MLB Weekend Update: Some Win, Some Lose, And Some Get Mauled By Bears

MIAMI GARDENS, FL: Pitcher Tommy Hanson #40 of the Atlanta Braves throws against the Florida Marlins at Sun Life Stadium in Miami Gardens, Florida. The Braves defeated the Marlins 1-0. (Photo by Marc Serota/Getty Images)

First, the weekend's key scores: 7-3, 11-6 and 3-2.

Now, the five stories you wouldn't have missed if you'd left work Friday afternoon with your priorities straight ...

Tommy Hanson strikes out 14, Braves win sixth straight.
The Braves are only two games behind the Phillies, and they've got the National League's best run differential (by just a smidge). Sunday, Hanson struck out 14 Astros; no Brave had struck out more since John Smoltz K'd 15 Mets in 2005. The Braves have won six straight. Meanwhile the Astros have lost eight of their last 10, and have the worst record (24-42) and the worst run differential (-77) in the majors. They profiled before the season as the National League's worst team, and that's exactly what they've been.

Brewers sweep Cardinals and take over first place.
It's funny how it's only mid-June and the National League looks exactly like it's supposed to: Phillies and Braves in the East, Brewers and Cardinals in the Central, Giants out front in the West.

This was a big weekend for the Brewers. Just slightly more than five weeks ago, they lost their seventh straight and fell to 13-19. They scored only seven runs in those seven losses, and it looked like their "all-in" season was nearly over just after beginning. Improbably enough, they've since won 25 of 34 and now look like favorites in the NL Central, considering the Cardinals' various injury woes.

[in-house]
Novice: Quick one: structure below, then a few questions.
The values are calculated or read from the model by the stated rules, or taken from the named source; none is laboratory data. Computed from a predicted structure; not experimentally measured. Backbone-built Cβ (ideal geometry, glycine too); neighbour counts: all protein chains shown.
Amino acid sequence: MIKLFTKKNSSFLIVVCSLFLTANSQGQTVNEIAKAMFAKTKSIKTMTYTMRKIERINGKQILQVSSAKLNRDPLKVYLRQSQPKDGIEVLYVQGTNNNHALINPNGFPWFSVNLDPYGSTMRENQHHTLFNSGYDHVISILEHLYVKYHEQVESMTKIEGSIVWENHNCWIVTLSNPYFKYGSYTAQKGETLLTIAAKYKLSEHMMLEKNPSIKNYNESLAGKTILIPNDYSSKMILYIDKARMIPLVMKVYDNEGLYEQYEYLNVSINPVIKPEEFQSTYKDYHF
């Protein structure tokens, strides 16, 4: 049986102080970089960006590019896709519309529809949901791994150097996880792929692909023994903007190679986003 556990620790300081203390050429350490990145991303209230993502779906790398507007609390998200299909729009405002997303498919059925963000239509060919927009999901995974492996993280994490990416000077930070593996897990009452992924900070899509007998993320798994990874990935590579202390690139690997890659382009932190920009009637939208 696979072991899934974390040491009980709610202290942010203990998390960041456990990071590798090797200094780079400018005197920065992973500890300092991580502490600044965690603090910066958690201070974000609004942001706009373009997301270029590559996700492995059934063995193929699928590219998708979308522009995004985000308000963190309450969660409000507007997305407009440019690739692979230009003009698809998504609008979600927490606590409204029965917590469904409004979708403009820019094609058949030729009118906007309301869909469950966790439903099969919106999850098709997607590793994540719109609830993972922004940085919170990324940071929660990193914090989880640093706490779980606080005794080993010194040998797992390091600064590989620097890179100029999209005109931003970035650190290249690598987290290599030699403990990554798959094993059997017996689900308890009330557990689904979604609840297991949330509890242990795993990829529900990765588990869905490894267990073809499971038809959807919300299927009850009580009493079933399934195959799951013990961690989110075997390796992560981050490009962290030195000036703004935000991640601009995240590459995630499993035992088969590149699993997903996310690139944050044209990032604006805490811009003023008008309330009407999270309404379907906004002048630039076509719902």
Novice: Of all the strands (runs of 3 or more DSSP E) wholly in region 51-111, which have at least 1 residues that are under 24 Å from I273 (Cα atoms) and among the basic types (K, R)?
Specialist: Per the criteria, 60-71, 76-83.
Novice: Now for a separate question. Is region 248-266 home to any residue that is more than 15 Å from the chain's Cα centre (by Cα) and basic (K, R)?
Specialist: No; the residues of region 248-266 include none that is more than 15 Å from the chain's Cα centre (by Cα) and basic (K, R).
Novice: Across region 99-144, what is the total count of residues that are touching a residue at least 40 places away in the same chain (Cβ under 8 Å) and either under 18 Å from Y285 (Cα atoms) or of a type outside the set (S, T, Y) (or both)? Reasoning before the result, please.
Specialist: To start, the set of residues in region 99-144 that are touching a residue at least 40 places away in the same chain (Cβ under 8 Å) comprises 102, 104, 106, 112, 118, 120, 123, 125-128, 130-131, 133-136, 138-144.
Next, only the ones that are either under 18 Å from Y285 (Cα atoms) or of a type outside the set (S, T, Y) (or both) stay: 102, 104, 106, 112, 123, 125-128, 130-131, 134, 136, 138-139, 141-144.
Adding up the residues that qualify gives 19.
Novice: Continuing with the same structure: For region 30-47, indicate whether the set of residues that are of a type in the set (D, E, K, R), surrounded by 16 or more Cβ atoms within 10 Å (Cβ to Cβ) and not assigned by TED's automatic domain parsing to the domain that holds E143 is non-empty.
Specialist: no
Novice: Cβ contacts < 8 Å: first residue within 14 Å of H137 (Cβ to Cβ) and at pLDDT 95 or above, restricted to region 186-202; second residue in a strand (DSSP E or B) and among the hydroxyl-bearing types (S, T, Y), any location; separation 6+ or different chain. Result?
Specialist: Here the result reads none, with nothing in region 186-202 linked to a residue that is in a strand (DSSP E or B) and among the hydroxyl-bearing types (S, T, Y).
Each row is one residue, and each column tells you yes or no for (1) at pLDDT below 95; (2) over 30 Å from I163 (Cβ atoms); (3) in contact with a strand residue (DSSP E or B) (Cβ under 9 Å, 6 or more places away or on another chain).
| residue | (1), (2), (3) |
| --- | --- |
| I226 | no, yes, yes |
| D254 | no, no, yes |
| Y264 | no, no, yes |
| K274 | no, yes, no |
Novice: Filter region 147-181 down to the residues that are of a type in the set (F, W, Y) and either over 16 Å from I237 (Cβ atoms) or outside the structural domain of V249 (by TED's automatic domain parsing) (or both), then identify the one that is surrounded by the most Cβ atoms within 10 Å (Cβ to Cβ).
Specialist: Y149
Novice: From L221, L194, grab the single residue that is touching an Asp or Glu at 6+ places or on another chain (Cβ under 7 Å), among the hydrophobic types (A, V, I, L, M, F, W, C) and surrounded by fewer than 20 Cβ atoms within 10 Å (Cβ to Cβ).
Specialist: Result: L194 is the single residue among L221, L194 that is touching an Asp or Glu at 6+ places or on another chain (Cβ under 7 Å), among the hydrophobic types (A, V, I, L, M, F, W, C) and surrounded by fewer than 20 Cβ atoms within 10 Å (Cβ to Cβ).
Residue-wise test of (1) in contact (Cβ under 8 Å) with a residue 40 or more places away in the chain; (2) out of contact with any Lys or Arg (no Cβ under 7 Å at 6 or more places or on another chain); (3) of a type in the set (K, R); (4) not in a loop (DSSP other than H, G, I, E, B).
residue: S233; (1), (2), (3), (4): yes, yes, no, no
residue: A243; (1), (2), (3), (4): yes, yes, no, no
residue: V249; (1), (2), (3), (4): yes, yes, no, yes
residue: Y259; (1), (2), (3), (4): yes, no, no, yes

Red Sox haven't lost since April.
Or maybe it just seems that way. After sweeping the Blue Jays this weekend -- and outscoring them 35-6 -- the Sox have won nine straight. Most reasonable people, I think, figured the Red Sox would rebound from their 0-6 start and eventually challenge the Yankees for first place. Even most of the reasonable people, though, must be at least a little surprised to see the Red Sox in first place already, and with the best record in the American League no less. The cream does usually rise to the top. But not usually so quickly.

Indians still in first place!
Speaking of things happening quickly, the Indians lost three straight the Yankees and have lost nine of their last 10. Just as the Red Sox were supposed to get better, the Indians were supposed to get worse. Just not nearly this fast. The good news is that they're still in first place (barely) and still have a positive run differential (barely). The bad news is that they have to play the Yankees again tonight and visit Detroit immediately afterward in a battle for the top spot in the Central.

Astros joining American League after 50 seasons in National League.
Or not. Saturday, ESPN.com's Buster Olney broke the story that Major League Baseball and the Players Association are discussing some fairly radical changes in the existing structure. In the wake of that news, I wrote about it. In the wake of me writing about it, Al Yellon wrote about it. This is all great fun and I think we'll enjoy the discussion a great deal, but let me just mention in passing that Major League Baseball and the Players Association discuss a great many things, and very few of them wind up happening.

Anyway, that's the news. Good morning, and have a pleasant afternoon.

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